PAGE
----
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Deadly Brain-Eating Amoeba Kills 10 People In Pakistan
2012-10-09 16:01:59

Lee Rannals for redOrbit.com — Your Universe Online Ten people have died in Pakistan's most populated city due to a brain-eating amoeba transmitted by contaminated water. A World Health Organization (WHO) official said Naegleria fowleri is transmitted when contaminated water enters the body through the nose. The brain-eating amoeba has a fatality rate of over 98 percent. Dr Musa Khan, head of the WHO's disease early warning system in Pakistan, said that there have been 10...

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2011-08-18 05:35:00

Three people have died this year from a rare brain infection caused by an amoeba, called Naegleria Fowleri, which feasts on neurons. CNN's affiliate WFTV reports that a 16-year-old died Saturday in Brevard County, Florida, who may have been swimming in a river before falling victim to the amoeba. Another victim, according to the Richmond Times Dispatch, was a 9-year-old in Henrico County, Virginia, whose mother said he attended a fishing day camp the week before he died. Jonathan Yoder, the...

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2010-03-04 14:25:00

Naegleria genome sheds light on transition from prokaryotes to eukaryotes In the long evolutionary road from bacteria to humans, a major milestone occurred some 1.5 billion years ago when microbes started building closets for all their stuff, storing DNA inside a nucleus, for example, or cramming all the energy machinery inside mitochondria. Scientists have now sequenced the genome of a weird, single-celled organism called Naegleria gruberi that is telling biologists about that transition...

2009-06-14 20:41:22

Swimming in Florida lakes and rivers can be deadly if the Naegleria fowleri amoeba is present, public health officials warn. While no deaths were reported last year in Central Florida, three boys died of the infection in 2007, the Orlando Sentinel reported Sunday. The amoeba can be found in swimming pools, especially if they are not chlorinated. But it is most common in lakes, ponds and rivers, especially when the weather gets warm enough to lift the water temperature to 80 degrees, officials...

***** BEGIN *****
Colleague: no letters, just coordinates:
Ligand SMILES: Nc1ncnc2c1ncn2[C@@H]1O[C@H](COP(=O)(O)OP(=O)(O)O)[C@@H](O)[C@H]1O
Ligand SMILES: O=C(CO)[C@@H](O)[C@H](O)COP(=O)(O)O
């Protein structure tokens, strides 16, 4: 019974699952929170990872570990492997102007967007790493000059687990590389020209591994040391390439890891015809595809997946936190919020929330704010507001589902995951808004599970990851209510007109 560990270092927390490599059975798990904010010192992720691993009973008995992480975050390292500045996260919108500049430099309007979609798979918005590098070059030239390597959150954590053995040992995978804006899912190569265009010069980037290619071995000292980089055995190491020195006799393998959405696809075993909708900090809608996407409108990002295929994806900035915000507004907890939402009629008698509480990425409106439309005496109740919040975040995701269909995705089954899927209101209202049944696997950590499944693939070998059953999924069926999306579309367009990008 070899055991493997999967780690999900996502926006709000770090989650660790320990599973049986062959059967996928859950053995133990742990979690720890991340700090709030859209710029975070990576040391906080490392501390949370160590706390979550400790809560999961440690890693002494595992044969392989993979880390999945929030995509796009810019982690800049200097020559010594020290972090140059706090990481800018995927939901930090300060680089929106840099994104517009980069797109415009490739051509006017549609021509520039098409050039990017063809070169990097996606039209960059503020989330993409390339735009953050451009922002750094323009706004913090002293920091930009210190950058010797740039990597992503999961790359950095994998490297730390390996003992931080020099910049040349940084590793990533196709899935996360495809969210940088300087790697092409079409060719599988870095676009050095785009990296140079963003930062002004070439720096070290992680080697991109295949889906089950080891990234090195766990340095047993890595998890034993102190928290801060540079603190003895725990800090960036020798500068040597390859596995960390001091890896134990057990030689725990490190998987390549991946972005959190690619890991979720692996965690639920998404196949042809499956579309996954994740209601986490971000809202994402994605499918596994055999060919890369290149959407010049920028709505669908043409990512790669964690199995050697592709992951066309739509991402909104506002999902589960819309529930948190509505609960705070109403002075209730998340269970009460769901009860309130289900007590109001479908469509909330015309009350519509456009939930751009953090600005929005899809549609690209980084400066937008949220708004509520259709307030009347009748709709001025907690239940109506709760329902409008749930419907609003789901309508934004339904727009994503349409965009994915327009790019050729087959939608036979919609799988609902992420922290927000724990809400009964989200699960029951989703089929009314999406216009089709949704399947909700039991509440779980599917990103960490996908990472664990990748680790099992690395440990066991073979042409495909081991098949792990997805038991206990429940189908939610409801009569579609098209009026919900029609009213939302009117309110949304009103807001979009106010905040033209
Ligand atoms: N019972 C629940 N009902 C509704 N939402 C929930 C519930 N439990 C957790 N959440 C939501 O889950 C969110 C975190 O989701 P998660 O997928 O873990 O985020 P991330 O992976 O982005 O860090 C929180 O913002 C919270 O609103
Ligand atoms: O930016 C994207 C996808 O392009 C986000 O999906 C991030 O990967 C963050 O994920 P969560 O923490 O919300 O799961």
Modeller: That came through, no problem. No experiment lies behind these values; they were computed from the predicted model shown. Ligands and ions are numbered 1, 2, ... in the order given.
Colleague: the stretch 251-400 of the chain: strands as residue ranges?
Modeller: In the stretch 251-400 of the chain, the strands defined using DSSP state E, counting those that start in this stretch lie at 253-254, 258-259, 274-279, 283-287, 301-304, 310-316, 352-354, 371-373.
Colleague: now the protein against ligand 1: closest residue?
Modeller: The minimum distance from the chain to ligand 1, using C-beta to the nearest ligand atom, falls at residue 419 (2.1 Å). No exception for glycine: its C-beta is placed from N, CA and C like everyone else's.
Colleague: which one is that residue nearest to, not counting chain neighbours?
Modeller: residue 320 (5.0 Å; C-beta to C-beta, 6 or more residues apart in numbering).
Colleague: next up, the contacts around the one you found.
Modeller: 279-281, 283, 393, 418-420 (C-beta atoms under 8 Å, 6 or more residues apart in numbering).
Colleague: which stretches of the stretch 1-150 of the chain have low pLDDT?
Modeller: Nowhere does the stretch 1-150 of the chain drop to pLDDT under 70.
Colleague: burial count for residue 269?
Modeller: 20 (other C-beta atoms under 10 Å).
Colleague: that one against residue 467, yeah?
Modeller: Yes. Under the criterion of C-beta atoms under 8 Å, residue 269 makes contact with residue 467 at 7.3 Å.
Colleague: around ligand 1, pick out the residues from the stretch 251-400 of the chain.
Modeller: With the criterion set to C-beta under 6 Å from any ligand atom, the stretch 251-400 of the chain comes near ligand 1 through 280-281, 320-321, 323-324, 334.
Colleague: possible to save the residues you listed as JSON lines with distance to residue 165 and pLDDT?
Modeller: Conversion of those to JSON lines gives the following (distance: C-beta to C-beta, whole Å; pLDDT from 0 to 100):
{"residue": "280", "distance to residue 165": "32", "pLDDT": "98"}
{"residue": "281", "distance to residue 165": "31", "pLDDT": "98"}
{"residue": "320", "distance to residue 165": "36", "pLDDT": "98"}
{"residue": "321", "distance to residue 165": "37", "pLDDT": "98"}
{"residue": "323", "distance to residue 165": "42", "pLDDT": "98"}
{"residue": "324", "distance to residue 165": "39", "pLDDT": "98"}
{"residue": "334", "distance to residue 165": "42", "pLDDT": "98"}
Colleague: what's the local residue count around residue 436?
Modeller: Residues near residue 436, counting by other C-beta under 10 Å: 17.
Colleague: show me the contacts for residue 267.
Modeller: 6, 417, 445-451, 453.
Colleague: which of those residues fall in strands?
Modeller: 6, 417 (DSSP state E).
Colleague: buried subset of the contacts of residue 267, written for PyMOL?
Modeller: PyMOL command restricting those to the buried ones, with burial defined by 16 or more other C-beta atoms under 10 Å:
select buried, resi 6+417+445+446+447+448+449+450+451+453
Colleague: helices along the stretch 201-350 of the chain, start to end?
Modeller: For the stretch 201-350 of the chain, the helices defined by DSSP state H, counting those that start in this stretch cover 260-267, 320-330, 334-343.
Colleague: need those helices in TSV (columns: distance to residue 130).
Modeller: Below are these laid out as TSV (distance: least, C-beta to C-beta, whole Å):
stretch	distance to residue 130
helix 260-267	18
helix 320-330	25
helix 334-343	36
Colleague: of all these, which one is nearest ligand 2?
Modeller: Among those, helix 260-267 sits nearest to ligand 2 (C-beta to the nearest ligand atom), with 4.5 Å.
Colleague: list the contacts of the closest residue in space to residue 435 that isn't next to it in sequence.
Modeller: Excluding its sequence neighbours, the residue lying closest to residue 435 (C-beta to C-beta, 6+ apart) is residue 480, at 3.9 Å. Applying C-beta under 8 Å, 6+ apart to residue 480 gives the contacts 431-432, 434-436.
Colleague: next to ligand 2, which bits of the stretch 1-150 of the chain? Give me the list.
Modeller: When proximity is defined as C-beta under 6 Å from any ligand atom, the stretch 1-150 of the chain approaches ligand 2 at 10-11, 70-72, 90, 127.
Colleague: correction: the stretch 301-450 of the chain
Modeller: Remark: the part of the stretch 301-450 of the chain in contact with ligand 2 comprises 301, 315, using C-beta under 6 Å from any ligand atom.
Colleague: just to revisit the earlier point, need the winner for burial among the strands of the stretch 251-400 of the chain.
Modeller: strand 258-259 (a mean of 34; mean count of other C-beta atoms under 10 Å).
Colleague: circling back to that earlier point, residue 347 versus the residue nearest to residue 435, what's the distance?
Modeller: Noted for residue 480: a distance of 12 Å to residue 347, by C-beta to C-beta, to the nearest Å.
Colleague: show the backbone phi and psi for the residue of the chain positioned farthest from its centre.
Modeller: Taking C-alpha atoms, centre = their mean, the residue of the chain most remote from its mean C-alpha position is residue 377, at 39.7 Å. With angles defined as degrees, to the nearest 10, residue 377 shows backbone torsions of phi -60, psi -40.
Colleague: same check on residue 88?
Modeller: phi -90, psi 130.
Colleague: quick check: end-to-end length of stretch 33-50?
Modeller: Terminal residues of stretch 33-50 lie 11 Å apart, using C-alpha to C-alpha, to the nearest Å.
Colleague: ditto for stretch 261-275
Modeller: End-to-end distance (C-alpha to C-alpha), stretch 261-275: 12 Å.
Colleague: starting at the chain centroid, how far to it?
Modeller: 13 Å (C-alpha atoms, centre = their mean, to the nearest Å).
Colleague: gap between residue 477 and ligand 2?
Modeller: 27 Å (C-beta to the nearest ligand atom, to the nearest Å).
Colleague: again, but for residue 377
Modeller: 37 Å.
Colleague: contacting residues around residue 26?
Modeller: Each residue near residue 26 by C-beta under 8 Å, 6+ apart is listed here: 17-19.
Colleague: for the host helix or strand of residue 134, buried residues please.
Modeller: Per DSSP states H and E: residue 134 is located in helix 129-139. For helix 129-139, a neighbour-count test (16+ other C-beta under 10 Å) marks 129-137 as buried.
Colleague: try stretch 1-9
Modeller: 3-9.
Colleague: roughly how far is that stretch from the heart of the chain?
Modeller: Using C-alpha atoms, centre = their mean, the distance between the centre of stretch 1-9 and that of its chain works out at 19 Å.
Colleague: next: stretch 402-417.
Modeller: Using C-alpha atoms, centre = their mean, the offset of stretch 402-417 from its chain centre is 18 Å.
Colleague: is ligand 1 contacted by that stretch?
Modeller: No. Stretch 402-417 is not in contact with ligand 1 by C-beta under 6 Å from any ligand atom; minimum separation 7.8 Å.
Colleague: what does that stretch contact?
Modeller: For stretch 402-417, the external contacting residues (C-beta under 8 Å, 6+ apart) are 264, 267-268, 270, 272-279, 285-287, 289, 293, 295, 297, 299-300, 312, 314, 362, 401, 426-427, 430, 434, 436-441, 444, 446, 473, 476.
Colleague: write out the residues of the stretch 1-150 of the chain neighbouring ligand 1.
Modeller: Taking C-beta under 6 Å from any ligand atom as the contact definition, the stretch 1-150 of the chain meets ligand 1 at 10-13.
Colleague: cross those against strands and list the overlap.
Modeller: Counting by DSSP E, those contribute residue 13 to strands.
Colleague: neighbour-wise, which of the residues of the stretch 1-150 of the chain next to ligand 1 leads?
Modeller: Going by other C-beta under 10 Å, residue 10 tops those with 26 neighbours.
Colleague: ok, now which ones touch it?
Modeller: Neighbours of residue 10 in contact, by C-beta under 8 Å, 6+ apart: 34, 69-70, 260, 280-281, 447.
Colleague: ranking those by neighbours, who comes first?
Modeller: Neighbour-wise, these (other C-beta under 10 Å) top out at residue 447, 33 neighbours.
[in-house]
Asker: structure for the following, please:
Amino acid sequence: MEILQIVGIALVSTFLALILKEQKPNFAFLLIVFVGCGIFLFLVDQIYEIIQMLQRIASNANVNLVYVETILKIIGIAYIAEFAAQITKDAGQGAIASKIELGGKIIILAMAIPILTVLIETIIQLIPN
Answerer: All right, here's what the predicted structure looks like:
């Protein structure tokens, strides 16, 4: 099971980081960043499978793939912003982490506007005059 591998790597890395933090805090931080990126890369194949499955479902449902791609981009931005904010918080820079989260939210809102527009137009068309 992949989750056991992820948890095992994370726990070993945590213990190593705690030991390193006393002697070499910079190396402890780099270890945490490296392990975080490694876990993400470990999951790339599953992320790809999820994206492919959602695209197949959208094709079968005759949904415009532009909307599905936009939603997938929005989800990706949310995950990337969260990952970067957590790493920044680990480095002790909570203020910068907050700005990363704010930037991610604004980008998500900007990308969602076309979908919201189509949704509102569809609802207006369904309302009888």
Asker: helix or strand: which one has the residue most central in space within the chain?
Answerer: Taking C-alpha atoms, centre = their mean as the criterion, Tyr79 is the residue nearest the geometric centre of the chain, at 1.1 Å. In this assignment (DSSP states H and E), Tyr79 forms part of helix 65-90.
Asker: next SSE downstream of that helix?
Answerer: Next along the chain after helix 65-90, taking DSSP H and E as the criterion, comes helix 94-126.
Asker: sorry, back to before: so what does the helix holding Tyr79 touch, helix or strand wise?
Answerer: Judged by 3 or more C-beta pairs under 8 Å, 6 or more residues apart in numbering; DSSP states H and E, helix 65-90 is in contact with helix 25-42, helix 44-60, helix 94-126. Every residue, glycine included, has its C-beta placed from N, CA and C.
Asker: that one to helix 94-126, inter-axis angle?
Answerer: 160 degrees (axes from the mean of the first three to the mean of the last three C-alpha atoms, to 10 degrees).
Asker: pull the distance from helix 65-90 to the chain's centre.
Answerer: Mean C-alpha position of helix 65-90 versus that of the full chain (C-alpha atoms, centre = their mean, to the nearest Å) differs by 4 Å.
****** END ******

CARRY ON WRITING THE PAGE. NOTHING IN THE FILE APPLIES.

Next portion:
2008-07-05 12:00:13

By Arelis Hernandez, The Orlando Sentinel, Fla. Jul. 5--ORANGE COUNTY When water temperatures rise in lakes, it's time for you to get out, the Orange County Health Department warned. Officials say water users should avoid swimming or diving in freshwater ponds, lakes and rivers during periods of high temperature and low water depth, when conditions are perfect for deadly organisms. The Naegleria fowleri amoeba can live in any body of warm, stagnant freshwater and causes amebic...

2007-10-04 21:00:13

By Josh Brodesky, The Arizona Daily Star, Tucson Oct. 4--Brain-eating amoebas have taken up residence in Tucson's water supply as recent tests have shown their presence in 12 wells. While the discovery of the killer amoeba, known as Naegleria Fowleri, is surprising to at least one UA researcher, the microscopic bug's presence in the Old Pueblo's water supply doesn't pose any health risks. Tucson Water chlorinates its well water before distribution, killing the amoeba before the water...

2007-10-01 06:00:14

By Annette Wells By ANNETTE WELLS REVIEW-JOURNAL The death of an Arizona boy infected by an amoeba after swimming at Lake Havasu has caught the attention of officials responsible for Lake Mead, Lake Mohave and Nevada's hot springs. They want to know if those bodies of water also harbor the microscopic killer Naegleria fowleri, which enters the body through the nostrils and eats away brain tissue. They also want to know how much of a risk the microbe might pose to the thousands of Jet...

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2007-09-28 15:00:00

By CHRIS KAHN PHOENIX - It sounds like science fiction but it's true: A killer amoeba living in lakes enters the body through the nose and attacks the brain where it feeds until you die. Even though encounters with the microscopic bug are extraordinarily rare, it's killed six boys and young men this year. The spike in cases has health officials concerned, and they are predicting more cases in the future. "This is definitely something we need to track," said Michael Beach, a specialist in...

2005-10-25 19:32:00

This classification conveys important information about the biochemistry and metabolism of disease-causing organisms. Here are three examples. 1) Pneumocystis, an opportunistic pathogen causing mortality in AIDS patients and immunocompromised individuals, is now known to be a fungus, indicating a different treatment regimen is needed. 2) Phytophtora, an organism causing potato blight, such as the one that caused the Irish famine in the 19th century, is now known not to be a fungus, which...